A quick heads-up on a BBC 4 'documentary' on the recent trials and tribulations of the Hornby Hobbies Group from the £30 million loss over the past five years and the production move to China to the relocation of the Head Offices from Margate to Sandwich and a tour around the Visitor Centre at Margate. Here's the link to part 1 of the programme, available in certain regions on the iplayer for the next month - sorry if it's not available in your region.

https://www.bbc.co.uk/programmes/m00030wh

Amongst other things the programme features Jim 'KitKruncher' Bren building a test shot of the Airfix 1/24 Hellcat for unveiling at Telford - though Jim "whole-heartedly rejects any notion" that he is in any way a "master modeller" as the hyperbole suggests! (he's a retired local government officer as it happens..) Modelling content aside the programme is an interesting and light-hearted insight into the recent fortunes of the Hornby Group which you may feel is worth a look. The second part is on the telly next week..

Jim's  Airfix 48th scale Hunter


There is drama as the Telford deadline approaches and on day 52 of the build, Jim has fallen way behind his schedule. We see him struggling with fit problems around the Hellcat engine cowl - a test shot build remember...





James May provides a slightly sardonic commentary, whilst gently affectionate and enthusiastic throughout. The camera crew also visit Jim's model club - "for some reason our cameraman missed the other table full of young women..."


.. and there is a look a Jim's 'stash' and we learn what SABLE means.. ('Stash acquired beyond life expectancy'.. )

" Finally after more than two years of design and development, tooling that cost over £100,000 and hundreds of hours of Jim's time assembling more than 600 intricate component parts, the 24th scale F-6F Hellcat is a secret no more...the first run of 5,000 models sold out inside one month, the fastest-selling new Airfix kit in five years.."




..note the faces of the youngsters standing in the front of the crowd for the Airfix Telford unveiling were blurred out - ".. so they stand a chance of maybe getting a girlfriend later on in life.."





Elsewhere Airfix's own video presentation of their forthcoming 24th scale Hellcat is well worth watching too. At the time of writing the kit is on pre-order at £119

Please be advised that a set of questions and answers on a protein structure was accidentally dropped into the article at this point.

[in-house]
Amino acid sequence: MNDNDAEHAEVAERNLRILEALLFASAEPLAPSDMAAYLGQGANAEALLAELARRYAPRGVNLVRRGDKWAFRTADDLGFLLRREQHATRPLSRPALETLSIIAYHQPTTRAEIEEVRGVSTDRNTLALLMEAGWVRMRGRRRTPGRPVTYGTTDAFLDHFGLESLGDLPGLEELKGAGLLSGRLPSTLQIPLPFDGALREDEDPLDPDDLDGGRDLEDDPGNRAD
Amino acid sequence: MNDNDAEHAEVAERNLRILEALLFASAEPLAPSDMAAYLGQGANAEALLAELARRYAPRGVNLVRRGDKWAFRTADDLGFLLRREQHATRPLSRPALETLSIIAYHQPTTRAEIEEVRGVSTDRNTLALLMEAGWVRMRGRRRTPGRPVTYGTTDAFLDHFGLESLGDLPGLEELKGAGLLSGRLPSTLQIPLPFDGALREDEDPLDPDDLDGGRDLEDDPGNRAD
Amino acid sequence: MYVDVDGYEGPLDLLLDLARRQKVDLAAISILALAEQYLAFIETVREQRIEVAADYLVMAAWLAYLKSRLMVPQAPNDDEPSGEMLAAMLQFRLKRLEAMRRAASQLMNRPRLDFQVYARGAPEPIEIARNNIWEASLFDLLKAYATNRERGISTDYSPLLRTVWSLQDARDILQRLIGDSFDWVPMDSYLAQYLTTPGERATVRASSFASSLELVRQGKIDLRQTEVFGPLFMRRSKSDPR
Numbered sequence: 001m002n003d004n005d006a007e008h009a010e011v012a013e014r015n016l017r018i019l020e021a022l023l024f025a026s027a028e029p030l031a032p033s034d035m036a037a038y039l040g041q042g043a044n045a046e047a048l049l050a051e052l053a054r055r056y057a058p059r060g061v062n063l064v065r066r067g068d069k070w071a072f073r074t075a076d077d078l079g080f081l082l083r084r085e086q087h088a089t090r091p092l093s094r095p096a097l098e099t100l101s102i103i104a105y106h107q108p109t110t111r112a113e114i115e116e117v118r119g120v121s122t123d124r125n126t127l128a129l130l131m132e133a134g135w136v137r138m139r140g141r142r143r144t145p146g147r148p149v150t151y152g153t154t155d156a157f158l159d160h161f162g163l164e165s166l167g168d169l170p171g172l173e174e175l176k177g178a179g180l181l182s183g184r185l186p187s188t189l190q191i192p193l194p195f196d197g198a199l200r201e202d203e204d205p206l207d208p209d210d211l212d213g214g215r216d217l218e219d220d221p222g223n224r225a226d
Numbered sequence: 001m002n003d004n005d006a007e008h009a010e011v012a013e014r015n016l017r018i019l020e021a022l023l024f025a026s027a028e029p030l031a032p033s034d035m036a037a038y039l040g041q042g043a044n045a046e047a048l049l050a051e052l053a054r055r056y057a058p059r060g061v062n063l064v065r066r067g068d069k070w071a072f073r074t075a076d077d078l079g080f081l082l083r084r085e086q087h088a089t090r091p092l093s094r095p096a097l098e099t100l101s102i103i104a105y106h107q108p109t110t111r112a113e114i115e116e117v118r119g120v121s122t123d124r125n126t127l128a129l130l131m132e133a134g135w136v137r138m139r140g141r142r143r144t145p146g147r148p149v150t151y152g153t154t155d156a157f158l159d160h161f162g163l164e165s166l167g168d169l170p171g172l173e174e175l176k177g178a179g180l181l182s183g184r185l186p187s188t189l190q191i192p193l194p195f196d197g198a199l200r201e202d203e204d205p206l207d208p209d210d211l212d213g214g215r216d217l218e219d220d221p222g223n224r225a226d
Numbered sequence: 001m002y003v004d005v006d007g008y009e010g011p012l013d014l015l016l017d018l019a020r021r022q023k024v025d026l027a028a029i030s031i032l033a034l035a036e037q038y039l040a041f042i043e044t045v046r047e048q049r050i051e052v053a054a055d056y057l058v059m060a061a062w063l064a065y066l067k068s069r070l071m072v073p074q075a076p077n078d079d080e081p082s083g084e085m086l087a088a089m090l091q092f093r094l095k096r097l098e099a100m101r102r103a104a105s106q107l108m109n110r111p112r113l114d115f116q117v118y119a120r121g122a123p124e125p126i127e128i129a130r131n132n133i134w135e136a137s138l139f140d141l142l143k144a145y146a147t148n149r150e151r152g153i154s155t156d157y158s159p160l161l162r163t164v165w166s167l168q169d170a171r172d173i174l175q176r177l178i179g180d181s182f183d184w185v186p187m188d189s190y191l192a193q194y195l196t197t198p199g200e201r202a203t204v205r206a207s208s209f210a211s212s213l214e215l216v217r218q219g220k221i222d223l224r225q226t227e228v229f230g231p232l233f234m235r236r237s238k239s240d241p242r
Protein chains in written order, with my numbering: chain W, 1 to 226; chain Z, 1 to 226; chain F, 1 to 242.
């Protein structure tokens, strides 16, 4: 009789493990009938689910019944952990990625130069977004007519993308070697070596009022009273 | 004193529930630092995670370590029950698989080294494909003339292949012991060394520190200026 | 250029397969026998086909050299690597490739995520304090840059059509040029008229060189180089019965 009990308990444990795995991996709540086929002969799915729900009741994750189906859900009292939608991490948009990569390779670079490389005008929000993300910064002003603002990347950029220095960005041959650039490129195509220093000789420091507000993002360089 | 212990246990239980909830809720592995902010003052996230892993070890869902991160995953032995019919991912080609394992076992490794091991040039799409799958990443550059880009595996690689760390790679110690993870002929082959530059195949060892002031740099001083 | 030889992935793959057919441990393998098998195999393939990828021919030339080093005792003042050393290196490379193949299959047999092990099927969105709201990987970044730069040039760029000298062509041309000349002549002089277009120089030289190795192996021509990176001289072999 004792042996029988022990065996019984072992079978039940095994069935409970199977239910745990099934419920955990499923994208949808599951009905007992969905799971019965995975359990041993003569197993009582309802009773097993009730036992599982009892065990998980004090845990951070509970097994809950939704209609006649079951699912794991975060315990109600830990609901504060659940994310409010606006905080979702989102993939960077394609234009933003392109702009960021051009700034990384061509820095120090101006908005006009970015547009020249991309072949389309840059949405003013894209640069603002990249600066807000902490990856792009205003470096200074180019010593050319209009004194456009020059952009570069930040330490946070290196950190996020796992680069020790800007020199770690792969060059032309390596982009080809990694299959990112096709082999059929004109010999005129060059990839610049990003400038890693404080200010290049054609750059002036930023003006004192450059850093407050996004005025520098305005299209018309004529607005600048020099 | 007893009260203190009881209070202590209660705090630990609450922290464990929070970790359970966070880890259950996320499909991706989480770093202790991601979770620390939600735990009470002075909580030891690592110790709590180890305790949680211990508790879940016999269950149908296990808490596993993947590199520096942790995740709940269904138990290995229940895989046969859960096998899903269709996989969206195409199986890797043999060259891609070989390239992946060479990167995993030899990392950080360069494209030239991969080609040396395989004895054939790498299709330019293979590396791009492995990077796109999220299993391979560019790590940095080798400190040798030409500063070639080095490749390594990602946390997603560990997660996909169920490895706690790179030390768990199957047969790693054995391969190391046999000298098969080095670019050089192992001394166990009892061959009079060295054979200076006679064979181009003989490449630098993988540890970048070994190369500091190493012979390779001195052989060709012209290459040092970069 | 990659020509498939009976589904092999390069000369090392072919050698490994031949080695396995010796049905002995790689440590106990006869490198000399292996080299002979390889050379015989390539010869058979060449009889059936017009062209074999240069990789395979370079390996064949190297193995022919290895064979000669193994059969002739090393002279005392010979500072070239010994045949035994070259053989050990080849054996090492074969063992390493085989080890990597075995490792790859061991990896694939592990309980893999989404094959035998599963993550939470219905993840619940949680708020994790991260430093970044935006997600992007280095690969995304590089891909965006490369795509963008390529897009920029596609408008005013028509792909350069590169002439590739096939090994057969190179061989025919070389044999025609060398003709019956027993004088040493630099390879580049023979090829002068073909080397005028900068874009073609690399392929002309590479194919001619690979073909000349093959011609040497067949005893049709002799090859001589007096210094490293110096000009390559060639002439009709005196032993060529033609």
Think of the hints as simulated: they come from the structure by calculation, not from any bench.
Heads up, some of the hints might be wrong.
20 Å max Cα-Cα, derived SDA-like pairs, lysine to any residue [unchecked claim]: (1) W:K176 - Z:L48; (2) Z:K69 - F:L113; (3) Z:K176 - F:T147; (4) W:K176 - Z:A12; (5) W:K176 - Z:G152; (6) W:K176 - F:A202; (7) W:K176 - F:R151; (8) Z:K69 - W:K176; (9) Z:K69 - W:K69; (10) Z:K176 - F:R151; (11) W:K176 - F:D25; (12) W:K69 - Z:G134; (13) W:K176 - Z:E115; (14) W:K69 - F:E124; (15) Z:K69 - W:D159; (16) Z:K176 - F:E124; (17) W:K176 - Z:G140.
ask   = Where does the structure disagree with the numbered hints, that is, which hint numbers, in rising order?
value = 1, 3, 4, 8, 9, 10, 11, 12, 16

Monday, 25 February 2019

picking up the blog habit again..




Well 2018 was a write-off on the modeling front..but now life is more or less back to normal. Firstly I lost my modeling space to the builders when we decided to have the garage converted. Then there were some health issues - I decided to get fit, took up running and it consumed all my spare time. Last year - instead of modelling - I ran 1563 miles. Even my doctor said at my yearly health check that's too much, don't over do it.. but obviously I'm fit and healthy, blood pressure is down and pounds have been shed. So after these health issues it is time to get back on board..  nice to be back posting.

I’ve done little or no modeling since my last blog post. That changes now. I’ve continued to update my other blogs and work on various book projects I’ve been invited to participate in.

Thanks to my regular readers for continuing support and comments !  If you'd like to get in touch I'm at falkeeins at aol dot com

Over the past year I’ve noticed a few ‘fellow bloggers’ on various social media sites. I very rarely participate on FB - there are so many modelling groups, all with about 600 members each, 590 of whom never post anything - that there doesn't really seem to be any point. I much prefer a few regular forums where you kind of know who you're dealing with. Or a 'one-to-one' interaction on a sensible, intelligent blog..some of my favorites are listed on the right hand side bar of this page..

Sunday, 24 February 2019

Airport, Aerodromes and Airfields SIG display



A superb collection of airliner models in British Airways markings via the AAA SIG's Stephen Harper seen at Saturday's 'On Track' show. These are mostly Airfix, Revell and Zvesda (787 Dreamliner) with the odd Frog Viscount also in the line-up..

I was impressed with the paint job on these - no airbrush was used, although Halfords Appliance White spray cans feature heavily...otherwise the builder reported that Xtracolor don't do British Airways 'Pearl Grey' any more. Aftermarket decals via "26 Decals"

I’ve fancied doing some airliner models for a while now myself - the Zvezda kits look very nice indeed and there is of course no cockpit to worry about - but in all the years this blog has existed I’ve never gotten around to it. These are therefore the first airliners to feature here!







Saturday, 16 June 2018

new Fly Hurricane IIa in 72nd scale




New addition to the stash via Heeprutt ebay seller today. Quite into Hurricanes at the moment so will probably make a quick start. A view of the box contents, which feature the Hasegawa kit parts in the bag, a new decal sheet, resin propeller, wheels (2 x sets, one with post war block tread) and pilots seat plus a paint mask for the canopy.... not bad for £15. Box top artwork - a Malta Hurricane from the Night fighter unit - may be inaccurate in the 'desert' scheme, although the desert camo over Night looks pretty neat.


A note on Malta Hurricanes via Tony O'Toole

The Hurricane was operational during 1940-41 as the main RAF fighter across the British Empire`s oversea`s war zones,...... from Malta, N.Africa, Greece, Russia, Burma, Singapore , Java etc and the delivery scheme was Dark Earth and Dark Green,.. later with Sky or Sky Blue undersides. Although up to 1941 black and white halved undersides were specified for overseas based fighters. Those in N.Africa began to receive Mid Stone over the Dark Green areas after delivery at Egyptian MU`s during 1941 but many continued until the end of the year in the original delivery scheme until it became more common in 1942 when adequate numbers were arriving. It was not until very late 1942 and more likely 1943 that the desert scheme was applied on the production line in the UK. So those arriving in Malta from the UK also wore DE/DG uppers. However in 1940 the RAE in the UK was experimenting with a new desert scheme incorporating a new colour which eventually became Middle Stone. At least two aircraft were delivered by carrier to Malta in this scheme,....... with black and white halved undersides which were still specified for overseas`s based fighters into 1941.